Degenerative Discs

When the discs between the vertebrae in your back dry out, they can push against your nerves and cause severe pain.
The discs that sit between the five vertebrae in your lumbar spine allow your spine to be flexible. These discs are made up of two types of cartilage: a tough outer part, and a more “jelly-like” inner part. This inner cartilage acts as a shock absorber.
Normal discs absorb water so they can stay hydrated. Over time, though, discus can become dried out (dessicated) and act like flat tires. If this flattened disc material pushes against your nerves, you can experience severe pain down your leg or legs, known as radiculopathy. Patients will often describe the onset of these symptoms after they were lifting something, bending, and/or twisting their backs.

Diagnosis

The orthopedic specialist may suspect a diagnosis when a patient complains of pain radiating from the back down the leg. Patients will also commonly complain of numbness, tingling, and burning down their legs. They may also have muscle weakness.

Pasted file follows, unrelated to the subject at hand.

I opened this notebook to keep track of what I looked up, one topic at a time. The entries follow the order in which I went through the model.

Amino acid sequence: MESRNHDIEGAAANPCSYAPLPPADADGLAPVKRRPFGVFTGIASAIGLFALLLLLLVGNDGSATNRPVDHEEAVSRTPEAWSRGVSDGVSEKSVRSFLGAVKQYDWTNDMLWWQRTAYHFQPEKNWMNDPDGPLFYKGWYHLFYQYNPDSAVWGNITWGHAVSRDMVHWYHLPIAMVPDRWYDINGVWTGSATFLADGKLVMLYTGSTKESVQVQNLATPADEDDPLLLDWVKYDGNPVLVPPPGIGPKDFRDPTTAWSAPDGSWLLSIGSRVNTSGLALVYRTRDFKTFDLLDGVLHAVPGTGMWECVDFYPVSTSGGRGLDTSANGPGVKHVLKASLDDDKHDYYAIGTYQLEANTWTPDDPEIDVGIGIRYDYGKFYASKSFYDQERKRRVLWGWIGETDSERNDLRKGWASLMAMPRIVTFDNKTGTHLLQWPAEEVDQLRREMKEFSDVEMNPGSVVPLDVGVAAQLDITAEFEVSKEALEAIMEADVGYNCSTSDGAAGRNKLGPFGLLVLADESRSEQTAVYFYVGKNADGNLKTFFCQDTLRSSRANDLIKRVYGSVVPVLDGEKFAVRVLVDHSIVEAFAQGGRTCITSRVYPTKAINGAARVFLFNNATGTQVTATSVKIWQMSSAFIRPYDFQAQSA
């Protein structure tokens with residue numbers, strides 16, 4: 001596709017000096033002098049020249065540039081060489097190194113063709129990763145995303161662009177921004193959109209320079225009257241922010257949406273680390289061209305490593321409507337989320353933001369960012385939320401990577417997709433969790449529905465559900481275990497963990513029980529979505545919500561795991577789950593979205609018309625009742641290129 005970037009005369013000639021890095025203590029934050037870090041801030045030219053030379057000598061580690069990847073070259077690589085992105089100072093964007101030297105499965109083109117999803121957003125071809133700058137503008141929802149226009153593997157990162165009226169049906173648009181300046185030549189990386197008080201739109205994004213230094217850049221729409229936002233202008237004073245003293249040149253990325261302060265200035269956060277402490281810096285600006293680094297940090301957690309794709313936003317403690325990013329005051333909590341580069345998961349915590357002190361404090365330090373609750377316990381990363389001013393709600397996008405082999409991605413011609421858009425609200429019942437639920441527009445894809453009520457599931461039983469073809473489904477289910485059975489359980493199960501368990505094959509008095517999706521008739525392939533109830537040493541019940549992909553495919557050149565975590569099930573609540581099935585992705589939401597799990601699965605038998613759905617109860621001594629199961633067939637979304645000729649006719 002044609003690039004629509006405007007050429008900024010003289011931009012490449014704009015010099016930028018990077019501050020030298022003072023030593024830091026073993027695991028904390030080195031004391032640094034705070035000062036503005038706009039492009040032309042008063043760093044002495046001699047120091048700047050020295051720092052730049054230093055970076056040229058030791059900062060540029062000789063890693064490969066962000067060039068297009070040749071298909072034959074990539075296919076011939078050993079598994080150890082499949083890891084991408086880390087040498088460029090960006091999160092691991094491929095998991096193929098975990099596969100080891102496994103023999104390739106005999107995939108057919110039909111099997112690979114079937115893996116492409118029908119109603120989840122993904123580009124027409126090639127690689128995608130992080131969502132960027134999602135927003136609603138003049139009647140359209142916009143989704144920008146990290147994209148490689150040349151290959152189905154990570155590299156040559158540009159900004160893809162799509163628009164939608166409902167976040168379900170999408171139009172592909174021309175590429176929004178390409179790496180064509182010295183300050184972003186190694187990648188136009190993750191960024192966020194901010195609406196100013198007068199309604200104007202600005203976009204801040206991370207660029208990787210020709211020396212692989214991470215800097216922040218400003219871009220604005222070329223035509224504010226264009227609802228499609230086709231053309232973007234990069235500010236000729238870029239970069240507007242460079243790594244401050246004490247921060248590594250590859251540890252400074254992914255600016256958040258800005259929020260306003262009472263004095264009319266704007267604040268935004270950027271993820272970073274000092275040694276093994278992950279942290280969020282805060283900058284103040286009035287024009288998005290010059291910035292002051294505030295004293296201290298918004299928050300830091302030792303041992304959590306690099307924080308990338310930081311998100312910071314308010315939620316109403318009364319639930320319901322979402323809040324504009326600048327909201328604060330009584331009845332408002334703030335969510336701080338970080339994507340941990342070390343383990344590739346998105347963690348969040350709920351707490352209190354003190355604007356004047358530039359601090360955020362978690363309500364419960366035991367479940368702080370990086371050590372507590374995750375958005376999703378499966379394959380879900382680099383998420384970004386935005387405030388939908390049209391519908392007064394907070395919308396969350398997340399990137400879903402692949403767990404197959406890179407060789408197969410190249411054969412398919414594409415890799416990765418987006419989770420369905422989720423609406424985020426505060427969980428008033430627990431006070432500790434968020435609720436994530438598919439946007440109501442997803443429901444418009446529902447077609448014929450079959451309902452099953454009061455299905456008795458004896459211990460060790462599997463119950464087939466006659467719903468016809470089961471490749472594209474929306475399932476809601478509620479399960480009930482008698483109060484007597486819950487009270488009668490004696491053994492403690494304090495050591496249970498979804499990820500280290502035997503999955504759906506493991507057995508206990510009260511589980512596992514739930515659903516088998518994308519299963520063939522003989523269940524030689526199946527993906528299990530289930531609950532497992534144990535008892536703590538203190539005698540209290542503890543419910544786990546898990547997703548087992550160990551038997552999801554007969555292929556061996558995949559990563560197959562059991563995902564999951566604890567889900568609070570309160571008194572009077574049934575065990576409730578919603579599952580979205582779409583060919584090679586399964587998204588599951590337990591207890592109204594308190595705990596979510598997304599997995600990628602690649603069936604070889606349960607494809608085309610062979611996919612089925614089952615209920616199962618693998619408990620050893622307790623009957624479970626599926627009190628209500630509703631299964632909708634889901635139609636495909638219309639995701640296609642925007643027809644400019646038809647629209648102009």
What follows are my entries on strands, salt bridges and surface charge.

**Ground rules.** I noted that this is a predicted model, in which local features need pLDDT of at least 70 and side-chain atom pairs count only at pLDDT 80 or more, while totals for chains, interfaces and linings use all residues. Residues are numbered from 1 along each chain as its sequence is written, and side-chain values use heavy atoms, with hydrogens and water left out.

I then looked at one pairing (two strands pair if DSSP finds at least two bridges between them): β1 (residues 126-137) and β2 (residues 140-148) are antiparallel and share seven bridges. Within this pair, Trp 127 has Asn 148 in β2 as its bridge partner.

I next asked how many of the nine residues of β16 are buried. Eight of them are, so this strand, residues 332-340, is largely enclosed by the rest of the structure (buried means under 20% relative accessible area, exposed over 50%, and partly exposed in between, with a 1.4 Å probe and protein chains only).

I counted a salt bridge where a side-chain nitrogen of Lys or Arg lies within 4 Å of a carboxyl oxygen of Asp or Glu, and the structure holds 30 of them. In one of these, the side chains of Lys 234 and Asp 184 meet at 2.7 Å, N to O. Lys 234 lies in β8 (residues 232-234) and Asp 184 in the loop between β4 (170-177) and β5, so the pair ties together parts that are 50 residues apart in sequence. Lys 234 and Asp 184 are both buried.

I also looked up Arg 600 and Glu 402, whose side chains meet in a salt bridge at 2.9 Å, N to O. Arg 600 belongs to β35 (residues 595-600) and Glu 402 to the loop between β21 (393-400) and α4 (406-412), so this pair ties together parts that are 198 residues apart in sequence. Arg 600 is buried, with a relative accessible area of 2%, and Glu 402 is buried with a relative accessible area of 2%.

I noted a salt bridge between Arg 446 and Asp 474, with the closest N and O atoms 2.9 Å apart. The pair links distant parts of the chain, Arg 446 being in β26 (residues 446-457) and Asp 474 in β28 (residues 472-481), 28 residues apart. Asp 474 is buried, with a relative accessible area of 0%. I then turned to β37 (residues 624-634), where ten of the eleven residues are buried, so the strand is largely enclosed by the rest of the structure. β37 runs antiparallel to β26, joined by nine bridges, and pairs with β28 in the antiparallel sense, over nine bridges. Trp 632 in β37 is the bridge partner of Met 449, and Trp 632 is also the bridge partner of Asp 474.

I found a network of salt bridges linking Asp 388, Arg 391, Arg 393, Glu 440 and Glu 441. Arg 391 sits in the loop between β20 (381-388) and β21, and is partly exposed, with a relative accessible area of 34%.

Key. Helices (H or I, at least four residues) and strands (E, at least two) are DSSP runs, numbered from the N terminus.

After a detailed examination, the physician will evaluate the initial diagnosis with plain X-rays and can confirm it with an MRI or CT of the lumbar spine.

Treatment

Luckily, most degenerative discs do not require surgery. Therefore, many patients can initially be treated with pain management, physical therapy, and activity modification.
Patients with more severe or persistent symptoms may benefit from an epidural spinal injection. Patients with very severe pain and those who do not achieve long-lasting pain relief from injections may be candidates for surgery.
Sometime when a disc degenerates, it can lead to one vertebrae slipping on another. This is called a spondylolisthesis and will sometimes require surgery to treat the instability. Your surgeon can go into more detail about your treatment options.

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